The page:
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Hawaiian elementary school students' ratings of perceived academic ability of Hawaiian, Japanese, and White American children: A formulation from the racial identity perspective
This study was on Hawaiian elementary school students' perceptions of the academic ability of three racial groups, Hawaiian, Japanese, and White American. I argued that the cultural revival and political self-empowerment in Hawaii would have positively influenced Hawaiian children's racial attitudes, in that they would no longer accept the negative stereotypes (e.g., unintelligent) that were assigned to them by early European missionaries and White Americans. The primary hypothesis was that in a classroom assessment situation, Hawaiian children would rate the photos of other Hawaiian children as equally or significantly more academically able than the photos representing children of the Japanese and White American races. ^ Contrary to the hypothesis, Hawaiian children rated White and Japanese American children as significantly more academically able than children from their own race. The second hypothesis was that Hawaiian children attending a private-monoracial school (Kamehameha Elementary enrolling only Hawaiians) would rate Hawaiian photos significantly higher than children attending a public-multiracial school (Waiakea Elementary). Again, contrary to this hypothesis, children in both schools rated the Hawaiian photos as being the least academically able and the White American photos as being the most academically able. ^ The third hypothesis was that girls would rate girl photos higher and boys would rate boy photos higher. Contrary to this hypothesis, there was no significant interaction effect between sex of the participants and sex of the photos. Similarly, this study showed that socioeconomic status and socialization in the Hawaiian cultural heritage were not significant predictors of how Hawaiian students rated photos of children from the three racial groups. ^ Thus, the perceptions of Hawaiian elementary school students were relatively independent of school type (private vs. public), sex, socioeconomic status, and socialization in the Hawaiian culture. The race of illustrated children was the strongest variable in this study. These findings support the theoretical notion that negative racial identity attitudes of visible racial and ethnic minority groups toward their respective groups subsume other variables, such as socioeconomic status and geographic location (Cross, 1978). Helms' (1995, 1996) revised Black Racial Identity Development (BIRD) model was used to explain the study's theoretical basis and results. Implications of the findings and the limitations of the study have been discussed. ^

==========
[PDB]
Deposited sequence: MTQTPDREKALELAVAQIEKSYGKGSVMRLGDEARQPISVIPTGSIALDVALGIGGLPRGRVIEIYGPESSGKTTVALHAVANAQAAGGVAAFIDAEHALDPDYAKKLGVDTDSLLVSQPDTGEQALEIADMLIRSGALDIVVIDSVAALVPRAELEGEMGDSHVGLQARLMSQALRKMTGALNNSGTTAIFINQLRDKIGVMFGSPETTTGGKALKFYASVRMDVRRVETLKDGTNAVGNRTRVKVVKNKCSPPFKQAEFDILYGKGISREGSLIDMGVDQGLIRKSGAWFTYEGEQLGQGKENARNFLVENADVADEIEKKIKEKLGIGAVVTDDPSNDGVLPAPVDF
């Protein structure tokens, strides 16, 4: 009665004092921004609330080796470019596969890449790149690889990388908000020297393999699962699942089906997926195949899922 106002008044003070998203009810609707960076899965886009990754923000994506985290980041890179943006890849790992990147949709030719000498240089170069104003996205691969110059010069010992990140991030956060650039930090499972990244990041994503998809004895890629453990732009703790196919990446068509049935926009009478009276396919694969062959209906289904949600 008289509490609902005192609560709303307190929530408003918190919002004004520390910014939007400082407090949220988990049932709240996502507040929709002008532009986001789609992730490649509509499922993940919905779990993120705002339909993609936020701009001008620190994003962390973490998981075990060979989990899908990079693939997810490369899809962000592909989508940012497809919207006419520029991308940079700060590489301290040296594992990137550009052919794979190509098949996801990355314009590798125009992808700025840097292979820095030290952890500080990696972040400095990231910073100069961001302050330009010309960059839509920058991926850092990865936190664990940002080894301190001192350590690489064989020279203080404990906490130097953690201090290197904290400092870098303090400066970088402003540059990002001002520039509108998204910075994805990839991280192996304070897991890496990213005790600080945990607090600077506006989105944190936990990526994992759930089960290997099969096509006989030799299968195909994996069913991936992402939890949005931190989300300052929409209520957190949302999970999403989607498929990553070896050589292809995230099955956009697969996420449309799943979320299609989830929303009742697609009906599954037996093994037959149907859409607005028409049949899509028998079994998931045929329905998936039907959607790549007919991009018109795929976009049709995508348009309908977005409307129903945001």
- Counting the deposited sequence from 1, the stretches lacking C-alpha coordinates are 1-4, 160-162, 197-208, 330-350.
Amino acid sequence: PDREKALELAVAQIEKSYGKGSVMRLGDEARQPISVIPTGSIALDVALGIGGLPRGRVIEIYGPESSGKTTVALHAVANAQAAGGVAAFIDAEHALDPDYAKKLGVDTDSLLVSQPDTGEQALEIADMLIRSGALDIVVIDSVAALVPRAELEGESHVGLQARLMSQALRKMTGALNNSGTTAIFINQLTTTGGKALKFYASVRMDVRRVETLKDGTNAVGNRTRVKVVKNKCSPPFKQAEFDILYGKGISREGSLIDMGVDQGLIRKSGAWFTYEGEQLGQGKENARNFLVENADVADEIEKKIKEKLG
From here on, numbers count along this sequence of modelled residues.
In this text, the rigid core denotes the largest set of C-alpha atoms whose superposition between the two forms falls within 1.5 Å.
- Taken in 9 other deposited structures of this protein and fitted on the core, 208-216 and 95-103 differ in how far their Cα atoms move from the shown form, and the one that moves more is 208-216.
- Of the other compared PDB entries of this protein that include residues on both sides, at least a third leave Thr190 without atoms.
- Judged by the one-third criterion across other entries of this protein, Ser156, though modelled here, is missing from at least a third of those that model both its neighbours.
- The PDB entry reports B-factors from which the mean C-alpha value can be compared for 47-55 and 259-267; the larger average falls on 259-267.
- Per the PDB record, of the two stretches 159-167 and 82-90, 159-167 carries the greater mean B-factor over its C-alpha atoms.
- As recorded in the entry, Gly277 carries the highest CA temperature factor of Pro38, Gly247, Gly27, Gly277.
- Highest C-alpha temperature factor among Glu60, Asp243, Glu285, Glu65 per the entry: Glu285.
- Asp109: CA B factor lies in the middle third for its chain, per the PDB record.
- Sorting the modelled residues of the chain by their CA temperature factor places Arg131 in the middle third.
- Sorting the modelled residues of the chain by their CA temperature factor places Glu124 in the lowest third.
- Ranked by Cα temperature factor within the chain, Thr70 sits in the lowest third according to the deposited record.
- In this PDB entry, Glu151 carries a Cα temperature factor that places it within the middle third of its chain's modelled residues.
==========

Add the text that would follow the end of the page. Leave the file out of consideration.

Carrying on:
Psychology, Social|Education, Elementary|Psychology, Developmental|Sociology, Ethnic and Racial Studies
Alameda, Christian Kimo, "Hawaiian elementary school students' ratings of perceived academic ability of Hawaiian, Japanese, and White American children: A formulation from the racial identity perspective" (1999). ETD collection for University of Nebraska - Lincoln. AAI9936751.